Tag Archives: tendinitis

physical therapy knee pain

How Physical Therapy Helps Knee Rehabilitation

How physical therapy helps knee rehabilitation and how physical therapy provides knee rehabilitation.

Physical therapists can provide more than pre/post surgical knee rehabilitation for patients experiencing knee pain.

What Causes Knee Pain?
The knee is a relatively simple joint required to do a complicated job…to provide flexible mobility while bearing considerable weight. While walking down the street, our knees bear three to five times our body weight. When the knee is overstressed in sports or in everyday activities, these structures can break down — and a knee injury occurs.

Common Knee Problems Seen by Our Physical Therapists:

  • Strain / Sprain
  • Arthritis Pain
  • Muscle Weakness
  • Ligament Sprains
  • ACL Tears
  • Tendinitis (ie: Patellar, Pes Anserinus)
  • Chondromalacia Patella
  • Patellofemoral Syndrome / Knee Pain
  • Pre / Post Operative Therapy

How Physical Therapy Provides Knee Rehabilitation
Rehabilitation acutely after knee surgery or a knee injury primarily centers around decreasing swelling in the knee joint. Even a small amount of fluid inhibits the quadriceps muscle on the front of knee by slowing the signal for movement traveling from the brain to the muscle. Manual techniques to decrease muscle spasm and improve length tension relationships of soft tissue are also incorporated. Gradually, exercises to increase strength, range of motion and functional mobility are introduced.

Treatments Offered Include:

  • Comprehensive evaluation with an emphasis on determining the source of the problem
  • Individualized and specific exercise programs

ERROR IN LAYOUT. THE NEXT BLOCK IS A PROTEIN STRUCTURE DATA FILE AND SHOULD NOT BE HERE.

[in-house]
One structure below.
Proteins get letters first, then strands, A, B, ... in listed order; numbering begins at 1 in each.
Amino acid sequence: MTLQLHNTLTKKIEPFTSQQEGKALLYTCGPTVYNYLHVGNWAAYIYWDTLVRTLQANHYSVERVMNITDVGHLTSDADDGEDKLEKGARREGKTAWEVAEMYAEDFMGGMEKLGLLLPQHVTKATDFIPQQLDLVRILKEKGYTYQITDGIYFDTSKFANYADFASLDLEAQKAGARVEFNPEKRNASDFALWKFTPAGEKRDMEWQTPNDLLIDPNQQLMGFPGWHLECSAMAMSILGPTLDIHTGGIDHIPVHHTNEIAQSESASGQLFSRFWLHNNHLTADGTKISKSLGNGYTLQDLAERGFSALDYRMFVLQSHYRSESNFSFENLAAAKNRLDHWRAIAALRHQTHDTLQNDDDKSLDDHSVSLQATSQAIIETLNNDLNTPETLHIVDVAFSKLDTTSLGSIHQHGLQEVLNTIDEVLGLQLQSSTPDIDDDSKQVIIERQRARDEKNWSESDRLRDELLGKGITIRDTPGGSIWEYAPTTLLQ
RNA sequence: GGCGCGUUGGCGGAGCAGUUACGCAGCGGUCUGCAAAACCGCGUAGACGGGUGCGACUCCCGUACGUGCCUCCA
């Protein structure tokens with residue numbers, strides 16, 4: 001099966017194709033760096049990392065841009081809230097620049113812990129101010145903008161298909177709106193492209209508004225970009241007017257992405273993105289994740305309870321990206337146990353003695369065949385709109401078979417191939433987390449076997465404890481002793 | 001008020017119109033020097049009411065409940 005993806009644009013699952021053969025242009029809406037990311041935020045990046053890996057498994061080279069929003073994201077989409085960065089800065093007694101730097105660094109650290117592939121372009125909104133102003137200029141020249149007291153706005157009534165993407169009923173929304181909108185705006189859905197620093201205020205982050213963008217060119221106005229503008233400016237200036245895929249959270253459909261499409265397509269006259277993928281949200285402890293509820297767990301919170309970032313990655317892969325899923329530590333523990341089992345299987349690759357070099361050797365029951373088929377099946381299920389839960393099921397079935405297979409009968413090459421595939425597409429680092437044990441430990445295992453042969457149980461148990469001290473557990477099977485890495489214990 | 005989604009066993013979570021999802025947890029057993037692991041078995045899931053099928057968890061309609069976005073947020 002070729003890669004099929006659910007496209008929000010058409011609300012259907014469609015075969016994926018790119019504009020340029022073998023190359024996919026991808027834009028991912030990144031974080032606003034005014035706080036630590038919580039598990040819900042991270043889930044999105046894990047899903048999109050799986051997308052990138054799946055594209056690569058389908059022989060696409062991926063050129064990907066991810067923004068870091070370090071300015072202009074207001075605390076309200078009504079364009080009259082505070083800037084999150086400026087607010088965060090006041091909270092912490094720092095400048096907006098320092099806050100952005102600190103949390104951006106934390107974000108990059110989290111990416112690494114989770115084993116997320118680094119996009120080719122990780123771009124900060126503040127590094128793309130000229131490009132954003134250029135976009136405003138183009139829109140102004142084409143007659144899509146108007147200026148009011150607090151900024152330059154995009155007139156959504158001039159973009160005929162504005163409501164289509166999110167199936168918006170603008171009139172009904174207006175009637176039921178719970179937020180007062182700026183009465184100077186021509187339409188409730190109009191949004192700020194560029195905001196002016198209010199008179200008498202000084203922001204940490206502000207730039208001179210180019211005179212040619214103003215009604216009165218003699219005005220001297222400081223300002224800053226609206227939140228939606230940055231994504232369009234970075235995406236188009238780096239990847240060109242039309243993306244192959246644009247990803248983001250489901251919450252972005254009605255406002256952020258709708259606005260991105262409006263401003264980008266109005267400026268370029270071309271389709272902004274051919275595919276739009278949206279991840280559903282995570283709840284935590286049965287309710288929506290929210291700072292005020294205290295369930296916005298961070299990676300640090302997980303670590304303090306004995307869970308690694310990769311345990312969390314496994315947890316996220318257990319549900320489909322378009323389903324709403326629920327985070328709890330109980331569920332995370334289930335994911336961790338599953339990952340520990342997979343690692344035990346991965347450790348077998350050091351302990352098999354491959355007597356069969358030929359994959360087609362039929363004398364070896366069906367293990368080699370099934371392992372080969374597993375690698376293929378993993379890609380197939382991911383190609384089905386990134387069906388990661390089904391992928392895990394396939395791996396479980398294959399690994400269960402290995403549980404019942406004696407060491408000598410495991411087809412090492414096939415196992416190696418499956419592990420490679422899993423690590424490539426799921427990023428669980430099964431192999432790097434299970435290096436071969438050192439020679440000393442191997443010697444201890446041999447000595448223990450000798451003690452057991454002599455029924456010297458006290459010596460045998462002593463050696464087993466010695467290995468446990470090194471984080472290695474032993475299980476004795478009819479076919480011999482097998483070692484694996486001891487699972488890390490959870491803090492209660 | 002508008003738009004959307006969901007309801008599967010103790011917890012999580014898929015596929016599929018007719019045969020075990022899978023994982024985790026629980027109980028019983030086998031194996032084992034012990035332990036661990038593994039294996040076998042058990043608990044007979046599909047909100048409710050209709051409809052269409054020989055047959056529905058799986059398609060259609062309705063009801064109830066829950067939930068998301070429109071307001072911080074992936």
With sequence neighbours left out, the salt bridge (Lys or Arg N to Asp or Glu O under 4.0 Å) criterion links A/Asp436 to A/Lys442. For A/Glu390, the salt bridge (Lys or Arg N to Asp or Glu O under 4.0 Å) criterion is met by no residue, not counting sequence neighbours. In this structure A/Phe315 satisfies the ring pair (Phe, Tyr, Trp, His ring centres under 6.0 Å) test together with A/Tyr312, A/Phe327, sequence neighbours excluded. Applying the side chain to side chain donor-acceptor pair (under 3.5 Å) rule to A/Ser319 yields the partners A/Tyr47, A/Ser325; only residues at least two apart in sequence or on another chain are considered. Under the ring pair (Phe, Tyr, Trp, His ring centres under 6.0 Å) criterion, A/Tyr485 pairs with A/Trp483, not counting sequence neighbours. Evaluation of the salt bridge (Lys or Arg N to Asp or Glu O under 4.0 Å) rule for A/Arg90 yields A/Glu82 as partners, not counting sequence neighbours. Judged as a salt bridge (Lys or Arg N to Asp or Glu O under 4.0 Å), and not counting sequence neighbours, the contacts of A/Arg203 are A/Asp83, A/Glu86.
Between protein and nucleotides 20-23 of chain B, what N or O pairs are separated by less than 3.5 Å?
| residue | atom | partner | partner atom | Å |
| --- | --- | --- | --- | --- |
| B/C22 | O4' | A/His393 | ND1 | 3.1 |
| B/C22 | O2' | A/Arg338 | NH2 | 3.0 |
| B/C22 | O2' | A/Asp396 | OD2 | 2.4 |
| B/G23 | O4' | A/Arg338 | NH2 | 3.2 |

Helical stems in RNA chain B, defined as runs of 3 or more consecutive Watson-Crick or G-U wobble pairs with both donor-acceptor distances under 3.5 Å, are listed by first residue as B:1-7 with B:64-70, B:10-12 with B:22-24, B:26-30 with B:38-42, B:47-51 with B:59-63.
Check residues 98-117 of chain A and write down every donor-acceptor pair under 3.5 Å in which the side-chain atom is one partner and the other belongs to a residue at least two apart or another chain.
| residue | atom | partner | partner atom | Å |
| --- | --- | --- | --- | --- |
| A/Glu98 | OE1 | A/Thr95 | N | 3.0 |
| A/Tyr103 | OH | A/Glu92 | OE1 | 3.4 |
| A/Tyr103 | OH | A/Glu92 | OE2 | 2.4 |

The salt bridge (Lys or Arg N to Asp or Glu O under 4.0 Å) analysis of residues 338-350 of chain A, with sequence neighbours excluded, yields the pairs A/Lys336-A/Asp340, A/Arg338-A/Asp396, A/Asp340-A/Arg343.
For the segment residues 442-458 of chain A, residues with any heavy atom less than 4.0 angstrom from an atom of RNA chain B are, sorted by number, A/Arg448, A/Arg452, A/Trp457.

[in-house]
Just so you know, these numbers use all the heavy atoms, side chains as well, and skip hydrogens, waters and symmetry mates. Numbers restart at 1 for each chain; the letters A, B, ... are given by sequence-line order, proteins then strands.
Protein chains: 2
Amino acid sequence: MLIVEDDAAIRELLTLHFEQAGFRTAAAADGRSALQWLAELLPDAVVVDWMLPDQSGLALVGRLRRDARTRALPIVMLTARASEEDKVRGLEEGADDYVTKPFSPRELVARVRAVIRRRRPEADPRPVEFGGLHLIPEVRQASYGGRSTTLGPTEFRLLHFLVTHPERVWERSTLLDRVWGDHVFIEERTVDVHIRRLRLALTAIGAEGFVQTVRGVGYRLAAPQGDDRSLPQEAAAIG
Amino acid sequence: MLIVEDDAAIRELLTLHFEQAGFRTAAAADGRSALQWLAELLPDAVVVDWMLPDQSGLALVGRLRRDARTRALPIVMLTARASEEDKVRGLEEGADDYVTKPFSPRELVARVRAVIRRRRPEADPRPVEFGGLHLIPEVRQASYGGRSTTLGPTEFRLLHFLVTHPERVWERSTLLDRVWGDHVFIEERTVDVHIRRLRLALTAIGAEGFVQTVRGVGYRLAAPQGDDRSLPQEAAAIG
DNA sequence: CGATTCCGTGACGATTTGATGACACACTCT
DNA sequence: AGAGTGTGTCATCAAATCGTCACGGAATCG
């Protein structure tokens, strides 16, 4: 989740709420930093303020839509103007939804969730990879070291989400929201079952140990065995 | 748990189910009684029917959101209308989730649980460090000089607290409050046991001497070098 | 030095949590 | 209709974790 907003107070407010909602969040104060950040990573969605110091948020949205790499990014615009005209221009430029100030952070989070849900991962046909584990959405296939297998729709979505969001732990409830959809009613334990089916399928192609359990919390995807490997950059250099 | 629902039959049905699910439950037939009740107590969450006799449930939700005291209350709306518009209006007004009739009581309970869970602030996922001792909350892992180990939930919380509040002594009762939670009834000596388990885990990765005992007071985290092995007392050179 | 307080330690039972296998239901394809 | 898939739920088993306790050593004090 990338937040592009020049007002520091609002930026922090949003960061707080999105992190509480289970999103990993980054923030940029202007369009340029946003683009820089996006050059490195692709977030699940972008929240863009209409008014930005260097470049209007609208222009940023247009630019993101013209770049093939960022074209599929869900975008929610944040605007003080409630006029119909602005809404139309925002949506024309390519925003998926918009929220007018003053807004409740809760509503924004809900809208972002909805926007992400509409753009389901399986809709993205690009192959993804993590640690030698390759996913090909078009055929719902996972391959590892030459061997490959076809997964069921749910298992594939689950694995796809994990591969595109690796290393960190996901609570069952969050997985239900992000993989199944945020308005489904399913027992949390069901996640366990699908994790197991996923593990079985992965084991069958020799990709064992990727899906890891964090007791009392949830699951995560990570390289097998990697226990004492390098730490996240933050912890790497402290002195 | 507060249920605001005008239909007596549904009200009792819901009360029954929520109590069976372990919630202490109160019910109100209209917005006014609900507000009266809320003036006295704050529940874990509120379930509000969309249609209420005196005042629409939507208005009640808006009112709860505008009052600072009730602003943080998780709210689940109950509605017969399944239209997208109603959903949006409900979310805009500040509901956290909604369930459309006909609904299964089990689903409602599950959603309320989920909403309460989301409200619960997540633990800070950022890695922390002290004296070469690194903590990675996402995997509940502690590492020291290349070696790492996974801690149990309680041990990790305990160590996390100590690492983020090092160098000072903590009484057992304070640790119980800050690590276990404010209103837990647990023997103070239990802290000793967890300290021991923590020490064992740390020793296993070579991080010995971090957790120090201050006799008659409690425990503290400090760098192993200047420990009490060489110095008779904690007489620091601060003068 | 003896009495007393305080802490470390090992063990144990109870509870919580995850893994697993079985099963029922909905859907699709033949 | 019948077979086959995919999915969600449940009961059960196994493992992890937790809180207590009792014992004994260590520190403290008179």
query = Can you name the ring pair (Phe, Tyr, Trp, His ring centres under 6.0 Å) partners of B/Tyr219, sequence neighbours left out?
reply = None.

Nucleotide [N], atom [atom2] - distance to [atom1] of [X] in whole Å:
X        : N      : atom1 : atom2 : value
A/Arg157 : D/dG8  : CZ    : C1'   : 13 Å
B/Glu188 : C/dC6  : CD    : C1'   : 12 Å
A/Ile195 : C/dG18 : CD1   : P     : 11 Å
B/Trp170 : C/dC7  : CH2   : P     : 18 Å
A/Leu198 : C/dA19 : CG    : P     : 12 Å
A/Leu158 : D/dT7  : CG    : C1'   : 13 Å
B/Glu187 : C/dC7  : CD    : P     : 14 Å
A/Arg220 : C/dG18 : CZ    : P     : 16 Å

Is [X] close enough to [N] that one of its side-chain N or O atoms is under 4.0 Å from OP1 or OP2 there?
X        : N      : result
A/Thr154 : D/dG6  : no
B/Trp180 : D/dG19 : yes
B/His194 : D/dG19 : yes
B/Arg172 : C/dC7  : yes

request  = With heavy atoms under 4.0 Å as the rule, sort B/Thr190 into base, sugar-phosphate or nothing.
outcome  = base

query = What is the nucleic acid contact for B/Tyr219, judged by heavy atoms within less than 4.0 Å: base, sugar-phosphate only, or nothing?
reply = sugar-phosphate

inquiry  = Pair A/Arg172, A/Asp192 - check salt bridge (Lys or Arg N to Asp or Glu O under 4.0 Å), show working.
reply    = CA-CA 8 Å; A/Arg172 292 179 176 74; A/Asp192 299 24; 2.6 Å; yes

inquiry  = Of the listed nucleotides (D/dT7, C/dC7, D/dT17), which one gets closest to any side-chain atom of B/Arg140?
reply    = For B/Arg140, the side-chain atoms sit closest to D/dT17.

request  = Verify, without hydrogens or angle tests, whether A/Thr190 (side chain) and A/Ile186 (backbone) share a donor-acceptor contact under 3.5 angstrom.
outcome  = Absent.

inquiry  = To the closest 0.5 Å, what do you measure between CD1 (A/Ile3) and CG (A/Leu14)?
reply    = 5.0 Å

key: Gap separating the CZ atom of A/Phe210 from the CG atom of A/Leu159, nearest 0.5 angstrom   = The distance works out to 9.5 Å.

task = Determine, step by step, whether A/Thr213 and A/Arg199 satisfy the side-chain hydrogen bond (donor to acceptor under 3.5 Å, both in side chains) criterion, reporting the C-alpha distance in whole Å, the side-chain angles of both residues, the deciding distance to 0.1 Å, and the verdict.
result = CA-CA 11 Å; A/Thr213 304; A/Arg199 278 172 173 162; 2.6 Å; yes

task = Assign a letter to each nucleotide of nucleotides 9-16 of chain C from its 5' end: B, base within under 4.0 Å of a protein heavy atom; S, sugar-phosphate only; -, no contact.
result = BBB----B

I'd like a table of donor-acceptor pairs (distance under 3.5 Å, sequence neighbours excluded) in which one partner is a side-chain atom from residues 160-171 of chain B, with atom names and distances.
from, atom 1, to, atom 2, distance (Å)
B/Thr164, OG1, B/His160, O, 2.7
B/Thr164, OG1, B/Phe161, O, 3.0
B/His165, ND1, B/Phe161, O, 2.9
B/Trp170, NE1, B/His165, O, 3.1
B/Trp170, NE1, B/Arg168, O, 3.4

• Manual therapy (hands-on treatment)
  • Modalities as needed
  • Work and sport specific simulations
  • Progressive home program to help restore independence and self-management

Knee Rehabilitation Goals:

  • Reduce Pain
  • Improve Mobility
  • Movement Awareness/Gait Training
  • Functional Strength
  • Patient Education

For more information on knee injuries visit our PT & Me Knee Injury Center page by clicking here.

The PT & Me Injury Center goes over diagnoses on how physical therapists treat specific injuries.

To find or search for a local participating PT & Me physical therapy clinic in your local area please click here.

Achilles tendon

Achilles Tendon Care – New Therapy Can End Months of Pain


The Achilles tendon is the large cord-like structure at the back of the ankle. It is responsible for transferring the muscle forces generated by the calf, which in turn allows you to roll onto the ball of your foot during walking and running.

We don’t realize it, but this tendon can withstand tremendous stress. It can tolerate forces of greater than 1000 pounds. However, it is also a tendon that can become inflamed and injured. Symptoms include pain (in the tendon or where it attaches to the heel bone), swelling, weakness in the leg and morning stiffness. The discomfort that resolves as the day progresses is common.

Often, physical therapists see clients that experience chronic Achilles pain. New research concludes that there is hope for these patients. Recent studies have shown that a certain Achilles condition called tendinosis, responds very well to a specific program of, what we call, eccentric loading. Given enough time and proper technique, physical therapists can help these patients recover from a problem that may have been bothersome for several months.

Who do you know that is experiencing Achilles or some other type of foot pain? There is a good chance that physical therapy can help, and make dramatic changes in someone’s condition. Please, don’t hesitate to call your physical therapist.